Whatever the first math was, there are points in the history of math that stand out as adding great benefit to the current study of math or even the current state of the world.  I'm personally intrigued by the mathematics that went into planning overseas journeys of discovery.  I can't fathom figuring out how many supplies it would take to last until the ship docked again, in addition to how much weight a ship would carry if it was to return with goods.  Also how to calculate times and distances of these journeys.  Without all of that careful planning that no doubt took a lot of mathematical calculations we might not be in America right now. :)

In terms of the study of mathematics, Euclid made an enormous contribution by defining the components of geometry.  Not only did his definitions give us the foundation to discuss geometry, but he gave us a way to prove concepts so every mathematician could easily communicate.

I also think the invention of a definite monetary system was a significant development.  Although it doesn't really add the to the academic side of math, it is probably the most widely used application of math and occurs every second of the day. The idea that math is only for people who actively study it is discounting it a great deal.  Even though exchanging money seems pretty basic it provides ways to talk about fractions, decimals, operations, even exponents for interest rates.  And because money plays a crucial role in people's lives I think it's an important point when talking about math.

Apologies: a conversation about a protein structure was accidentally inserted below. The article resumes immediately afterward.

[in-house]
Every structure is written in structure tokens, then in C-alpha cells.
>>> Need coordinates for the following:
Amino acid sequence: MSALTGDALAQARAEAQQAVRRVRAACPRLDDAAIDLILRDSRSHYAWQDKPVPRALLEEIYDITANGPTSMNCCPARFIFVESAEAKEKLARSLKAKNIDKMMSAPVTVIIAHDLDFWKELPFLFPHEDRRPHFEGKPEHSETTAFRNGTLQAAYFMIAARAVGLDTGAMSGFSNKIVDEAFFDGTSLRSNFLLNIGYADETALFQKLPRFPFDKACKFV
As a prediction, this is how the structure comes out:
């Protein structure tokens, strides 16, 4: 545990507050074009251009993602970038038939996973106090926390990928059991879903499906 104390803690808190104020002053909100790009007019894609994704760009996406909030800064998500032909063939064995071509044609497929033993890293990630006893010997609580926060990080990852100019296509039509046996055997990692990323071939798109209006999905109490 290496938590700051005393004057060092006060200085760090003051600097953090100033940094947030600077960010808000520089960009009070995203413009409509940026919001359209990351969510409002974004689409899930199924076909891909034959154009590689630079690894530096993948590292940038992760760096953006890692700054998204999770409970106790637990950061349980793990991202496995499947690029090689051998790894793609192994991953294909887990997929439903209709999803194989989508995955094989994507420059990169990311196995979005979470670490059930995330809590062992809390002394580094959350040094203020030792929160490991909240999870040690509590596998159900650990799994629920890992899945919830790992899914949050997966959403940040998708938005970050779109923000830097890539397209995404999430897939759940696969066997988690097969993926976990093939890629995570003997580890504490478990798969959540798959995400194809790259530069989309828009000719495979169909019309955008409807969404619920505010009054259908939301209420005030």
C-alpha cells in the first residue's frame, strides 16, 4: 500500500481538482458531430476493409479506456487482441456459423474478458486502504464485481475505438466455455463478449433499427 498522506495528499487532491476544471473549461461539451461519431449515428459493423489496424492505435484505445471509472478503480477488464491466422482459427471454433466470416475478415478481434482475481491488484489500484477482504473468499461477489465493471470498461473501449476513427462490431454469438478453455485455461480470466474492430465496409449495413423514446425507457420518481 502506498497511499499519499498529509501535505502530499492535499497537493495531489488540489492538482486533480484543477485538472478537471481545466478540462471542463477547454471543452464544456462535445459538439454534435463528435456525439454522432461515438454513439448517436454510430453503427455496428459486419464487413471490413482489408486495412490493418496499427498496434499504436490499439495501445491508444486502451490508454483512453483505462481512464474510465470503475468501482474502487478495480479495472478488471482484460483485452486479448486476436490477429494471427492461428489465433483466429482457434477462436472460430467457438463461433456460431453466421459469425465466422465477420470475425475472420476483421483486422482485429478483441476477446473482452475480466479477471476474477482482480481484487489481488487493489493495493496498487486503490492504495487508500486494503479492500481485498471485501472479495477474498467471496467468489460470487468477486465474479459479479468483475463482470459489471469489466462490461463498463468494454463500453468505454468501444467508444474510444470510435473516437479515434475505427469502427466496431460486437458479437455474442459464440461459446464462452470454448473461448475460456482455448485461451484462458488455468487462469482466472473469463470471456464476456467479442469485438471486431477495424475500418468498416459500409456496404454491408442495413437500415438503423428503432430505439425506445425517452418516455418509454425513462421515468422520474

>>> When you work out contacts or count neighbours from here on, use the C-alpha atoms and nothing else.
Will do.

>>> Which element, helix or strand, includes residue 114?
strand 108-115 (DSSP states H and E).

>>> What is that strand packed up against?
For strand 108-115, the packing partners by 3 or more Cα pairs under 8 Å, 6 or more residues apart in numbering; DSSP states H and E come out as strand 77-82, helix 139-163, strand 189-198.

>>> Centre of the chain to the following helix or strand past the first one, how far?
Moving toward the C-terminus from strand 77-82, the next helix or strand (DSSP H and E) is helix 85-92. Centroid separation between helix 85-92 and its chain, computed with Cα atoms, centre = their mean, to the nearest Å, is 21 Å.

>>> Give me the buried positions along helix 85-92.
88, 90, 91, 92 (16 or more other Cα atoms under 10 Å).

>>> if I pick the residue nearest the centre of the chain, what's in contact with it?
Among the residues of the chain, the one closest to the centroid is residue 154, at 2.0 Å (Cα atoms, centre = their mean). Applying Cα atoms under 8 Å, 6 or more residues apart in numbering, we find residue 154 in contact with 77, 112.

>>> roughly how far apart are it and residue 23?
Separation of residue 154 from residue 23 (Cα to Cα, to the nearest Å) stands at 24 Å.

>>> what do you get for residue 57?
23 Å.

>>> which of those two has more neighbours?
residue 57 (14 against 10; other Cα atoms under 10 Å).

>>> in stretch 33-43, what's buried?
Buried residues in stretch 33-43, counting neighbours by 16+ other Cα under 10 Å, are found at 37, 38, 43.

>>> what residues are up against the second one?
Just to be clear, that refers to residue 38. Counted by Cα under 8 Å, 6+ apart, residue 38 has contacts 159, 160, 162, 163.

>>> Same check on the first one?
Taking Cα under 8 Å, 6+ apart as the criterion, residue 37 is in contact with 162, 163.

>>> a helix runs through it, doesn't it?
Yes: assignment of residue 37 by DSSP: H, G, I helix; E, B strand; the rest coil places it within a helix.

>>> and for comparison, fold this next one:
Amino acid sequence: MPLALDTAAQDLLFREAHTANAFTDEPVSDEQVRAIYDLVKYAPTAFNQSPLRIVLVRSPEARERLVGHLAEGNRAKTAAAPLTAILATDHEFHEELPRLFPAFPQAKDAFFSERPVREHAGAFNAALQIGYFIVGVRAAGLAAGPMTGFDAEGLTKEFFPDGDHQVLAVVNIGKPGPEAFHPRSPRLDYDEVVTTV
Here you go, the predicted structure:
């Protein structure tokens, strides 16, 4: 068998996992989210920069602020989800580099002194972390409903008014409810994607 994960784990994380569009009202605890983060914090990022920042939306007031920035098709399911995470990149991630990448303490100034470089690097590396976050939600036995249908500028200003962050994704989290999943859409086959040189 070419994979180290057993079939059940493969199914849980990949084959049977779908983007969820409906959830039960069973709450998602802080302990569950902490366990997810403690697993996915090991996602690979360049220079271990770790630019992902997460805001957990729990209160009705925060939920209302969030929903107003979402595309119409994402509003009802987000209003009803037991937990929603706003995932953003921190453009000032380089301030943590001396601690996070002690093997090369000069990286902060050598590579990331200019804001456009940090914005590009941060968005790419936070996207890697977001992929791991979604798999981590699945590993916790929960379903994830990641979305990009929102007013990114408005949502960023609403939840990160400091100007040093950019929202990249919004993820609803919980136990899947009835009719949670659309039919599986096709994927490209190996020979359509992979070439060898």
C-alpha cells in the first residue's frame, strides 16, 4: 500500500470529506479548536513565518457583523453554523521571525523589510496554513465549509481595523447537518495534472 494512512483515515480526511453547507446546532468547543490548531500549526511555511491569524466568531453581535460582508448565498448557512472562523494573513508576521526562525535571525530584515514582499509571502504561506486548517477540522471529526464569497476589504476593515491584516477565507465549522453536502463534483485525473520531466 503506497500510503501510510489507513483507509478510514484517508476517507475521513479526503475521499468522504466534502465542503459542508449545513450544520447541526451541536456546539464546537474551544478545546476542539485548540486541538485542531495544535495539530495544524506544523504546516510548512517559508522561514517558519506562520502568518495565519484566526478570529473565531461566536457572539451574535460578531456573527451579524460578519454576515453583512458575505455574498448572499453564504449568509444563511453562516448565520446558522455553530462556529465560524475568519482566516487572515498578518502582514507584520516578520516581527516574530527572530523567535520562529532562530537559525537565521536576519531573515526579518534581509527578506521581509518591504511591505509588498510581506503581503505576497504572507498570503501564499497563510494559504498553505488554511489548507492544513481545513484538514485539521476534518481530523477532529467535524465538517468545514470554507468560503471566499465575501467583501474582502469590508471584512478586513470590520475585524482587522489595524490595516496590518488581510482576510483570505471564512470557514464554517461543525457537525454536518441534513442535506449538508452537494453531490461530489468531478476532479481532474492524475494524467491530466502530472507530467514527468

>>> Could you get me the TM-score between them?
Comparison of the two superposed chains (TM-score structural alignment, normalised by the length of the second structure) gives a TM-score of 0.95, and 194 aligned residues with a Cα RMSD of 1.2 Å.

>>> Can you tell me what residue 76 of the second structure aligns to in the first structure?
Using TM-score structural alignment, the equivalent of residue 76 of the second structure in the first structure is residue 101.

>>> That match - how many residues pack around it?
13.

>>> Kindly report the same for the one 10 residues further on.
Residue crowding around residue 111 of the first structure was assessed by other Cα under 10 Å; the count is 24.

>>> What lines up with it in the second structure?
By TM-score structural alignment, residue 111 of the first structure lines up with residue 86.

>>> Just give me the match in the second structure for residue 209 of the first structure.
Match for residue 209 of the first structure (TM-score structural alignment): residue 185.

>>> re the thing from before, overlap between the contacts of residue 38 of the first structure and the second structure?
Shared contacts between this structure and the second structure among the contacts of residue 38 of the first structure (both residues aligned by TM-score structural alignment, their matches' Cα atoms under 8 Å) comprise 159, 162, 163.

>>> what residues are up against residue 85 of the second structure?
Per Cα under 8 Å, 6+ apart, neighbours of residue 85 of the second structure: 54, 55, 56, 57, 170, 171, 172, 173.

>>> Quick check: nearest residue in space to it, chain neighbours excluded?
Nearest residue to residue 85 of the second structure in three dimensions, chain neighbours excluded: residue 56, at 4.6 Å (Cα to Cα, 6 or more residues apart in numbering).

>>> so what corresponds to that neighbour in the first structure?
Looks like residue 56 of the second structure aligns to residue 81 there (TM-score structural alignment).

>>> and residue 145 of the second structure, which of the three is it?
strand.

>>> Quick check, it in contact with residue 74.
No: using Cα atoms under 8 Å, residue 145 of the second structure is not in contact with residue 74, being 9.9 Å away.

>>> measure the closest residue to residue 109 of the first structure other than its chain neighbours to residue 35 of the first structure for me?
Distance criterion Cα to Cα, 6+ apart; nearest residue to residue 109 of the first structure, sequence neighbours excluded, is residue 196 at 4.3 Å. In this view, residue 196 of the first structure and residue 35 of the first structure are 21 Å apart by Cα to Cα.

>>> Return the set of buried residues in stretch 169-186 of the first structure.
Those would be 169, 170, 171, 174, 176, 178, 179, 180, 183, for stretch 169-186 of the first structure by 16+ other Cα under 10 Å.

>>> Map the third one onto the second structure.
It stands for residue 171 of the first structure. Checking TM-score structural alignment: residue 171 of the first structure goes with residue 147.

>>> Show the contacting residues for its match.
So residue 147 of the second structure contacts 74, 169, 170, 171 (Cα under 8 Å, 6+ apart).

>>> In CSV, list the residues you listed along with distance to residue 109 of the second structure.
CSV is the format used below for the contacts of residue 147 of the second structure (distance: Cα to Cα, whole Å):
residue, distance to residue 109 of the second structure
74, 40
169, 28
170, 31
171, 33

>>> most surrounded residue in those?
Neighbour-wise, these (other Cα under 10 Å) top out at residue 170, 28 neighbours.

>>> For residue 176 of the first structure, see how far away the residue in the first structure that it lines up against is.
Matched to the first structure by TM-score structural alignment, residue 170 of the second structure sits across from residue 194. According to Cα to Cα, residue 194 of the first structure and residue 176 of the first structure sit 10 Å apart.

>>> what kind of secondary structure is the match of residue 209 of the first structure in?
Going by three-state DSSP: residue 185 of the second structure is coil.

History is so rich that I find it very interesting to pull out the details concerning mathematics.  Then analyzing it to see how those experiences tied into the minds and cultures of the past to influence the concept of what math was at that time intrigues me greatly.  Knowing that math has changed a lot since its conception makes me wonder where it could go from here!

## Sunday, April 5, 2015

### Algebra vs. Guess-and-check

In  class, we've started talking about "algebrafying" problems which is something I really enjoy, and lots of others hate.  It's the process of taking a problem and expressing it in variables to find exact answers by solving for the variables.  Coincidentally I had an experience with a student who I interviewed in which I thought he would use algebra to solve a problem, but he was more comfortable guessing and checking.  You can see his work in the picture below.